Les moyens de communication - Enquete d'audience
Children: The new media consumer in Madagascar
The study, launched in November 2004 by the Minister of Communication and the National Statistics Institute, reveals that 76% of all households in the country listen to the radio; 32 percent watch TV and 27 percent read newspapers. The study also pointed to the fact that village meetings remain the first source of information for most people and that children, surprise, surprise, listen to the radio as well!
The study, technically and financially supported by UNICEF, was conducted in 13 sites in the country, amongst some 10,000 households.
FULL REPORT IN FRENCH (pdf - 618 KB)

'MediaRelate: Understanding Media Images of Love, Sex and Relationships'
Media Relate is a practical media and sex education project that has resulted in the publication of a set of teaching materials, including a booklet, a DVD and a website. The project emerges from our earlier research in this field, which demonstrated young people's enthusiasm for learning about personal and sexual issues from the media rather than from parents or school. (See the report, 'Children, Media and Personal Relationships' (www.mediarelate.org), and book, 'Young People, Sex and the Media: the facts of life?', by David Buckingham and Sara Bragg (2004, Palgrave Macmillan)).
CHECK OUT THE RESOURCES ON THE MEDIARELATE WEBSITE

Mit Medien leben lernen - Tipps für Eltern zur Medienerziehung jetzt auch in Türkisch und Russisch
Die von der GMK erstellte Broschüre "Mit Medien leben lernen" - möchte Familien mit Vorschulkindern in der Medienerziehung unterstützen. Die neu erschienenen Russischen und Türkischen Versionen enthalten zudem einen Extrateil "Sprachkenntnisse mit Medien verbessern", der Tipps zu einer sinnvollen Nutzung von Medien zur Unterstützung des Spracherwerbs enthält (als Ergänzung zur Sprachförderung im Kindergarten, in Förderkursen etc.).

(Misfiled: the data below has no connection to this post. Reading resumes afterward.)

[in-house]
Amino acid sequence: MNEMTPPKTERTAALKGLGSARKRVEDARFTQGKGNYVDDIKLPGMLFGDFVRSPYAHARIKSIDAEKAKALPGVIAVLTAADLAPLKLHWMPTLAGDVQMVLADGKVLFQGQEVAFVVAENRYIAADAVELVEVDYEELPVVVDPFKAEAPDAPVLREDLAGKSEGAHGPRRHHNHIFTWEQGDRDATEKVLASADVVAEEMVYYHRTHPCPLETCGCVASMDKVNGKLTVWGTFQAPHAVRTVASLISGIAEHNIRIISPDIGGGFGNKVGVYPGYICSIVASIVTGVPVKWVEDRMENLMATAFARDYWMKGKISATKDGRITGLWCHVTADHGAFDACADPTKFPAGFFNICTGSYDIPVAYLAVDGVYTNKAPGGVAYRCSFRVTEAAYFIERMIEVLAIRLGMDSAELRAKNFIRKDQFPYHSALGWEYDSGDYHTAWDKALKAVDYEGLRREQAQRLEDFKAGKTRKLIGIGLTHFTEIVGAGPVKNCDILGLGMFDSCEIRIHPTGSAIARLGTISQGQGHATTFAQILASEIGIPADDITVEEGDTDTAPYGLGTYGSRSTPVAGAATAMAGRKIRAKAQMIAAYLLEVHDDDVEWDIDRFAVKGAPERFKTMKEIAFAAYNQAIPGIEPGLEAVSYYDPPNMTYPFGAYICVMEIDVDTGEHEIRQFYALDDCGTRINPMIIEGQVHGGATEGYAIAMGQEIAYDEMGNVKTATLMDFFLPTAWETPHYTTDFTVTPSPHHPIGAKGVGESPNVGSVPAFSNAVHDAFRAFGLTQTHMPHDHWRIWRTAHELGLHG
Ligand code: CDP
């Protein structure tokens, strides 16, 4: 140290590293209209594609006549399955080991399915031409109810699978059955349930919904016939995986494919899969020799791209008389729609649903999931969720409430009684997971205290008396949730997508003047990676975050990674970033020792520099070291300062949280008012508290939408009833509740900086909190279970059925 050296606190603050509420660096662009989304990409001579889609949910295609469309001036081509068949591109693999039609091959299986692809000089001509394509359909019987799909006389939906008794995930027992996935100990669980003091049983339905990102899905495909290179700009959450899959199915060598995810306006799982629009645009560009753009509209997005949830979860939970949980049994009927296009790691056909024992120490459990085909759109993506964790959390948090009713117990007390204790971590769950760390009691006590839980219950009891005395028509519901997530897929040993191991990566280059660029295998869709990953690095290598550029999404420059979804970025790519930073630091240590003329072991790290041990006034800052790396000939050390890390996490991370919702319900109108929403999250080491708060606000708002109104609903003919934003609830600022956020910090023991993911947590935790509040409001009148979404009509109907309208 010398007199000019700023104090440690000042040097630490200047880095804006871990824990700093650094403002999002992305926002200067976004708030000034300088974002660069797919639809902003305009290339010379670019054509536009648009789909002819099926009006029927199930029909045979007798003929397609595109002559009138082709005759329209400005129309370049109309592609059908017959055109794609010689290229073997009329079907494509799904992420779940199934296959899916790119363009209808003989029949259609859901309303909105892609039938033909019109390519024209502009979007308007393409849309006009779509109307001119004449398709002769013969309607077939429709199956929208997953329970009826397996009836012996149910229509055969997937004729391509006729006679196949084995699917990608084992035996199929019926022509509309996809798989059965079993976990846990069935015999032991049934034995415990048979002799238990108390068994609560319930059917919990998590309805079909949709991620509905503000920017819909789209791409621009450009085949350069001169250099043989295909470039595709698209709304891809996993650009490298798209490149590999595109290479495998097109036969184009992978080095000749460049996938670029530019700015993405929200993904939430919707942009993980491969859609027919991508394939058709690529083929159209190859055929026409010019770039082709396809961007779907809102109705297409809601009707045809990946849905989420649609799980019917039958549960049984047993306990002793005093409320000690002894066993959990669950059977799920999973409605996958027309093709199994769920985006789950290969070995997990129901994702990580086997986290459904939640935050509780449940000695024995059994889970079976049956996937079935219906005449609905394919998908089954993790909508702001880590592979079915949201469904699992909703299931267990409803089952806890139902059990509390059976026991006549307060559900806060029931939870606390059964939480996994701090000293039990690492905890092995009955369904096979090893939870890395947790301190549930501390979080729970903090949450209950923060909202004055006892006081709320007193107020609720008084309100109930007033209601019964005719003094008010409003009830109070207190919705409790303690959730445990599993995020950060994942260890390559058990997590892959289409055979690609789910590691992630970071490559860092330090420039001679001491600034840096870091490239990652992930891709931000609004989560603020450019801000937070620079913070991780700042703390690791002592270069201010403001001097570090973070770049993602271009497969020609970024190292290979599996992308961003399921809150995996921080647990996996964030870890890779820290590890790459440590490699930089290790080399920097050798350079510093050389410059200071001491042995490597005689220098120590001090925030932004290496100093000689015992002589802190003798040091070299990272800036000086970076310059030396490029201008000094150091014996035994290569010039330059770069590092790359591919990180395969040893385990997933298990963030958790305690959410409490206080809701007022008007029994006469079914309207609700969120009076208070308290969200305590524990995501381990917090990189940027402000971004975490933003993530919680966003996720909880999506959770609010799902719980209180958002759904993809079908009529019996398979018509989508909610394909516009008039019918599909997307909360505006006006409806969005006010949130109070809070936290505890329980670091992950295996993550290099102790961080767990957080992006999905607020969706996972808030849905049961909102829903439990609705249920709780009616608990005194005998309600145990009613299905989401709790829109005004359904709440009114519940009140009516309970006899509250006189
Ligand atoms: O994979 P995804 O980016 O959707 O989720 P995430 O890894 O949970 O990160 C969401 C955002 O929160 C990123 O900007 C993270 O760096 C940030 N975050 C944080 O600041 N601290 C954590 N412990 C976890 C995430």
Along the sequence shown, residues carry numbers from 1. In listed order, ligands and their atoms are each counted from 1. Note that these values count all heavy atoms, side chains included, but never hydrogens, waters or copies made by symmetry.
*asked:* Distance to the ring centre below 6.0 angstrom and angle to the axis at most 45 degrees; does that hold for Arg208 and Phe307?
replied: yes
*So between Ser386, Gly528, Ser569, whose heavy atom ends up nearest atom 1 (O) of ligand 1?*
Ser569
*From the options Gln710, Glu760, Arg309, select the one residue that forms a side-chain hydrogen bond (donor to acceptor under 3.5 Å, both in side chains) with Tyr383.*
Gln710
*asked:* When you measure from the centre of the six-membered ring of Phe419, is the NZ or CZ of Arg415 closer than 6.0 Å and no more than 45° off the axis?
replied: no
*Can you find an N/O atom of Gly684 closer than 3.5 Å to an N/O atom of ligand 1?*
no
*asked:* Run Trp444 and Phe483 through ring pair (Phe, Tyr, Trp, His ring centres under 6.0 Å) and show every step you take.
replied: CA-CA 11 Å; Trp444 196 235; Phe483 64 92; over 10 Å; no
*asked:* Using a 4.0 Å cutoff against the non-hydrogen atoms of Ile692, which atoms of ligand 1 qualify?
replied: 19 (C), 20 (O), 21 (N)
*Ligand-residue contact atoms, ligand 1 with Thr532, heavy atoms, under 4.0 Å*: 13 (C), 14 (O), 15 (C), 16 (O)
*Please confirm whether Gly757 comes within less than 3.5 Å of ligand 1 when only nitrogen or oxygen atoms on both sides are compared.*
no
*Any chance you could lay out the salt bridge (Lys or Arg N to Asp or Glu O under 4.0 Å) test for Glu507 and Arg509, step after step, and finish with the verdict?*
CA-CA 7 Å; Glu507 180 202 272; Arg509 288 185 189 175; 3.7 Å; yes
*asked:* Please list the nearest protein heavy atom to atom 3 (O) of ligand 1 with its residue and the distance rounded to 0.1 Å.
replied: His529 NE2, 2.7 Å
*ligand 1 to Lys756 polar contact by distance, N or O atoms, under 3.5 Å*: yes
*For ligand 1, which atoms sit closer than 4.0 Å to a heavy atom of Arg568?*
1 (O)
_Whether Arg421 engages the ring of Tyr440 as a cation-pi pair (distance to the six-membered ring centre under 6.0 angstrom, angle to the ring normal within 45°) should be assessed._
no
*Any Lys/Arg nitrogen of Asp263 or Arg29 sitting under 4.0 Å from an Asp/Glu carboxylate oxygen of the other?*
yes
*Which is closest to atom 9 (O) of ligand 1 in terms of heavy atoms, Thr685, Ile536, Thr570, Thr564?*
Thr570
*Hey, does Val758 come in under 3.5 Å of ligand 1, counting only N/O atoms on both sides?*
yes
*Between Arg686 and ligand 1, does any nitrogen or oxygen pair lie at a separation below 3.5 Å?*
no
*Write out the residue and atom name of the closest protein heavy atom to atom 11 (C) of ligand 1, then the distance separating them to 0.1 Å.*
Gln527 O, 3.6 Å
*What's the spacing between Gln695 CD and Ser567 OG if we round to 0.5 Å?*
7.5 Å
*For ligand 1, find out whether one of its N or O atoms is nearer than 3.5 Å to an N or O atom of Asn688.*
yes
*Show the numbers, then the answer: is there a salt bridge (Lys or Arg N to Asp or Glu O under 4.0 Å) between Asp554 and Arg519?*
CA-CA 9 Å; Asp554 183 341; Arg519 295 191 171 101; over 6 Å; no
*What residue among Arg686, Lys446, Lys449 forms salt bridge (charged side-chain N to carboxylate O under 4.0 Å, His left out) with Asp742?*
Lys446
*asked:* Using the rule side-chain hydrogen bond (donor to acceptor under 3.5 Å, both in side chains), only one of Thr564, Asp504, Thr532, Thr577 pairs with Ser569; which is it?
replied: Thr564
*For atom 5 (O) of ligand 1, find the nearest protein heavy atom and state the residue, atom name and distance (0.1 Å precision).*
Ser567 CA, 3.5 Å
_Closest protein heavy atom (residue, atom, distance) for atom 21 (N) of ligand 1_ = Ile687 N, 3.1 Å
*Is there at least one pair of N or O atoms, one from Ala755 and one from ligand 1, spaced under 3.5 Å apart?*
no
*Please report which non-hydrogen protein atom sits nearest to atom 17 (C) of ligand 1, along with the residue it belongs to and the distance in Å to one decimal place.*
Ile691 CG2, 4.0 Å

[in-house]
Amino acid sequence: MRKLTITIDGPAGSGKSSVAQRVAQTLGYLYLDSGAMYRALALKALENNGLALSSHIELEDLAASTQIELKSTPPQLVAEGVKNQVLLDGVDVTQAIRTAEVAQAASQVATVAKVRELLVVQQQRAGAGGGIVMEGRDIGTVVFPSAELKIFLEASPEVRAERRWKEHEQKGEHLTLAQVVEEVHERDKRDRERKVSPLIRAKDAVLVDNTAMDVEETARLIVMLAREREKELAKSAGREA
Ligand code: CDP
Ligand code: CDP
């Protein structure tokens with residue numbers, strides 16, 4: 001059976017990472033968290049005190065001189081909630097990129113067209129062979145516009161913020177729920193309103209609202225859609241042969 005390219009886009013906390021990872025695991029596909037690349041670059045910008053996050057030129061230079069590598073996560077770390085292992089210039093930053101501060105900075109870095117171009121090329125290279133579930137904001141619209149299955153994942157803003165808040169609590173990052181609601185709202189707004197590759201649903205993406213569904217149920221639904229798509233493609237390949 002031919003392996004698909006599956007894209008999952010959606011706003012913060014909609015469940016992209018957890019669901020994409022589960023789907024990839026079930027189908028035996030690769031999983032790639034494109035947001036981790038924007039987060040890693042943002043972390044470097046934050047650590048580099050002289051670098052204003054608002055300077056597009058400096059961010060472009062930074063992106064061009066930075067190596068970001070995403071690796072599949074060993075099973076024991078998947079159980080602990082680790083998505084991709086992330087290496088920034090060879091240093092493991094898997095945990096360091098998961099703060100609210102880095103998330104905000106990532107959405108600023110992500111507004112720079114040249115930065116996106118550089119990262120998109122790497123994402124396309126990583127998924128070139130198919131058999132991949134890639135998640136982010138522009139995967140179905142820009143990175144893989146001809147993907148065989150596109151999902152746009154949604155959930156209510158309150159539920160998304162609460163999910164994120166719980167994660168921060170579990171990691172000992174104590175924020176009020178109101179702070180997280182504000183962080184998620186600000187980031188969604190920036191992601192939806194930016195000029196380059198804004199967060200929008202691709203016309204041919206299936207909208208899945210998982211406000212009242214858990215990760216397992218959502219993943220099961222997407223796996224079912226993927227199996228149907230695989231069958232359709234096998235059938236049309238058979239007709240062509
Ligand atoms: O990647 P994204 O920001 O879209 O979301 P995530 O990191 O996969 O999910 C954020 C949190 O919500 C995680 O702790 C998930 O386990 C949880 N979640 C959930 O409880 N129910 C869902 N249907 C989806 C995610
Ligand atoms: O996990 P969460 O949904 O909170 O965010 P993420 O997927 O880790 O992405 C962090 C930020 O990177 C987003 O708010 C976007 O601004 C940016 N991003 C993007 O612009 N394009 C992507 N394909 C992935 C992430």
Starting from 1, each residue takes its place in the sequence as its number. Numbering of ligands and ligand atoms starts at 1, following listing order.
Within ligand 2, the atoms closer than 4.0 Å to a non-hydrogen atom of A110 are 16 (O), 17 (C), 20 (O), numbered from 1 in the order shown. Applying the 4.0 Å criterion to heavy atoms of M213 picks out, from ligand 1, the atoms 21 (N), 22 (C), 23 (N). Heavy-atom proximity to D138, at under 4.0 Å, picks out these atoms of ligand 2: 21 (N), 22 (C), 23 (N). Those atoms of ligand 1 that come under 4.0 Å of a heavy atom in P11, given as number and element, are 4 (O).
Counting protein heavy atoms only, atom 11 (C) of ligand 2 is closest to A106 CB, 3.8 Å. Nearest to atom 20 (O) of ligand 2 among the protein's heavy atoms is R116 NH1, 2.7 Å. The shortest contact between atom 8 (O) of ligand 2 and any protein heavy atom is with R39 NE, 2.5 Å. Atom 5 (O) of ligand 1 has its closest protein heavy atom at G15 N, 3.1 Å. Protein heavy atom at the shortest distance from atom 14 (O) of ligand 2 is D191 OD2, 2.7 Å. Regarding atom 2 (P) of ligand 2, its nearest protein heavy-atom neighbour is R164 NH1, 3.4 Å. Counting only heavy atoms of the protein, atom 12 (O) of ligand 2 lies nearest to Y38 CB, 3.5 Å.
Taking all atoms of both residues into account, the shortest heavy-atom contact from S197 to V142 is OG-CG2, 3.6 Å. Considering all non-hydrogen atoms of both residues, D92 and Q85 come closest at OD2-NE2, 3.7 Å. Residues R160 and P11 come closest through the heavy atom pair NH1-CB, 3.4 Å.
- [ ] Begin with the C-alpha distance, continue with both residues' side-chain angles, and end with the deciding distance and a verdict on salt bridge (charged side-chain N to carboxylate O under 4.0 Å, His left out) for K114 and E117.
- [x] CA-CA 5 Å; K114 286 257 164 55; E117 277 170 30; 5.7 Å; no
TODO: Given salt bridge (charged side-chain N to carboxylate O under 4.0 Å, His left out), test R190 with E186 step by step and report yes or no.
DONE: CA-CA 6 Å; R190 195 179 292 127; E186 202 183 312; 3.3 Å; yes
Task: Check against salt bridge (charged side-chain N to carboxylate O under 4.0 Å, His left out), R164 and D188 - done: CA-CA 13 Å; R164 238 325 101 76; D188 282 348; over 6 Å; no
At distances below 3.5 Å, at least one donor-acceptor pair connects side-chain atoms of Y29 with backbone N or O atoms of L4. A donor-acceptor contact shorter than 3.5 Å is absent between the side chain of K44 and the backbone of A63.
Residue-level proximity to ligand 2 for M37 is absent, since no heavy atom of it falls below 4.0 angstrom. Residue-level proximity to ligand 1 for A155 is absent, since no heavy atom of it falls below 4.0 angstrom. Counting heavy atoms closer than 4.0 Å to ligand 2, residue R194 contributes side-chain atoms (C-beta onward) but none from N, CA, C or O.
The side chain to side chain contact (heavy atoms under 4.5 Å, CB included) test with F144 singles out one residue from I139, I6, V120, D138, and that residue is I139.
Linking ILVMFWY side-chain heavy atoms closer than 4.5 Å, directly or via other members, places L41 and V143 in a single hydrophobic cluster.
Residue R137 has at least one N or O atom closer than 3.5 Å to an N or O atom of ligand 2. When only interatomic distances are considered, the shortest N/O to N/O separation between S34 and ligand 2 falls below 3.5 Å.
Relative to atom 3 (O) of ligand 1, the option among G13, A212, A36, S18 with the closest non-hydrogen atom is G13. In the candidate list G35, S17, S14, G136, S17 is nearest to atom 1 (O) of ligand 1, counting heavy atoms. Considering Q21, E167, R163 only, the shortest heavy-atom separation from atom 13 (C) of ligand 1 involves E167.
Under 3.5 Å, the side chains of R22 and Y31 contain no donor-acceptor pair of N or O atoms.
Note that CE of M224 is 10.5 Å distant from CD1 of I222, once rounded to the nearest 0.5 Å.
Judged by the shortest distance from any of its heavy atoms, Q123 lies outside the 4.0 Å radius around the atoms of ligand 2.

FREE DOWNLOAD IN GERMAN
FREE DOWNLOAD IN RUSSIAN
FREE DOWNLOAD IN TURKISH

Navigating the Children's Media Landscape
This study - released on April 2, 2004 - offers tips on dodging the pitfalls of children's media use.
in pdf - 563 KB (2004) / produced by Cable in the Classroom

Print Media Coverage on Children Issues in Nepal 2003
in pdf - 251 KB (2003)

Print Media Coverage on Children Issues in Nepal 2002
in pdf - 245 KB (2002)

Report on Internet Study in Kenya: TeenWeb Nairobi
in pdf - 240 KB (2004) / produced by IPAS


Social Functions of Bulgarian Public Service Television on Child Audience

by Katia Hristova (Bulgaria). Dissertation (2005) - in Bulgarian

Title page
Main document
Appendix 1
Appendix 2
Appendix 3
Bibliography

UK Children Go Online: Surveying the experiences of young people and their parents
in pdf - 1.64 MB (2004) / produced by Sonia Livingstone & Magdalena Bober

Violence Against Children in Cyberspace
(ECPAT International)

Weak laws and fragmented industry action is exposing children around the world to increasingly serious violence through the Internet and other cyber technologies, according to a new report released today.
The report, Violence Against Children in Cyberspace, says violence against children through new technologies is pervasive, causes deep and lasting physical and psychological damage to the child victims, and is outstripping the resources of law enforcement agencies.
Violence Against Children in Cyberspace was written by ECPAT International with leading experts around the world as a contribution to the UN Study on Violence Against Children. The report draws together the latest knowledge on cyber violence against children and outlines an agenda for action, including greater industry action and stronger national legislations harmonised to international standards.
FULL REPORT IN ENGLISH (pdf - 1.58 MB)
FULL REPORT IN SPANISH (pdf - 1.25 MB)
FULL REPORT IN FRENCH (pdf - 1.3 MB)

What children and young people are saying about poverty in Tanzania
in pdf - 642 KB (Juny 2004) / produced by TMC

Young People and Media in Central & Eastern Europe, CIS and the Baltics by InterMedia for UNICEF
in pdf - 244 KB (2000)

Young People In The Media - A Review of Young People's Participation in the Media in UNICEF Projects for the East Asia and Pacific Region
in pdf - 319 KB (2004)

Youth Press in the Republic of Moldova / 2003-2004 Guide

in pdf - 811 KB (2004)
Homepage of the Young Journalist Center Moldova

Other resources: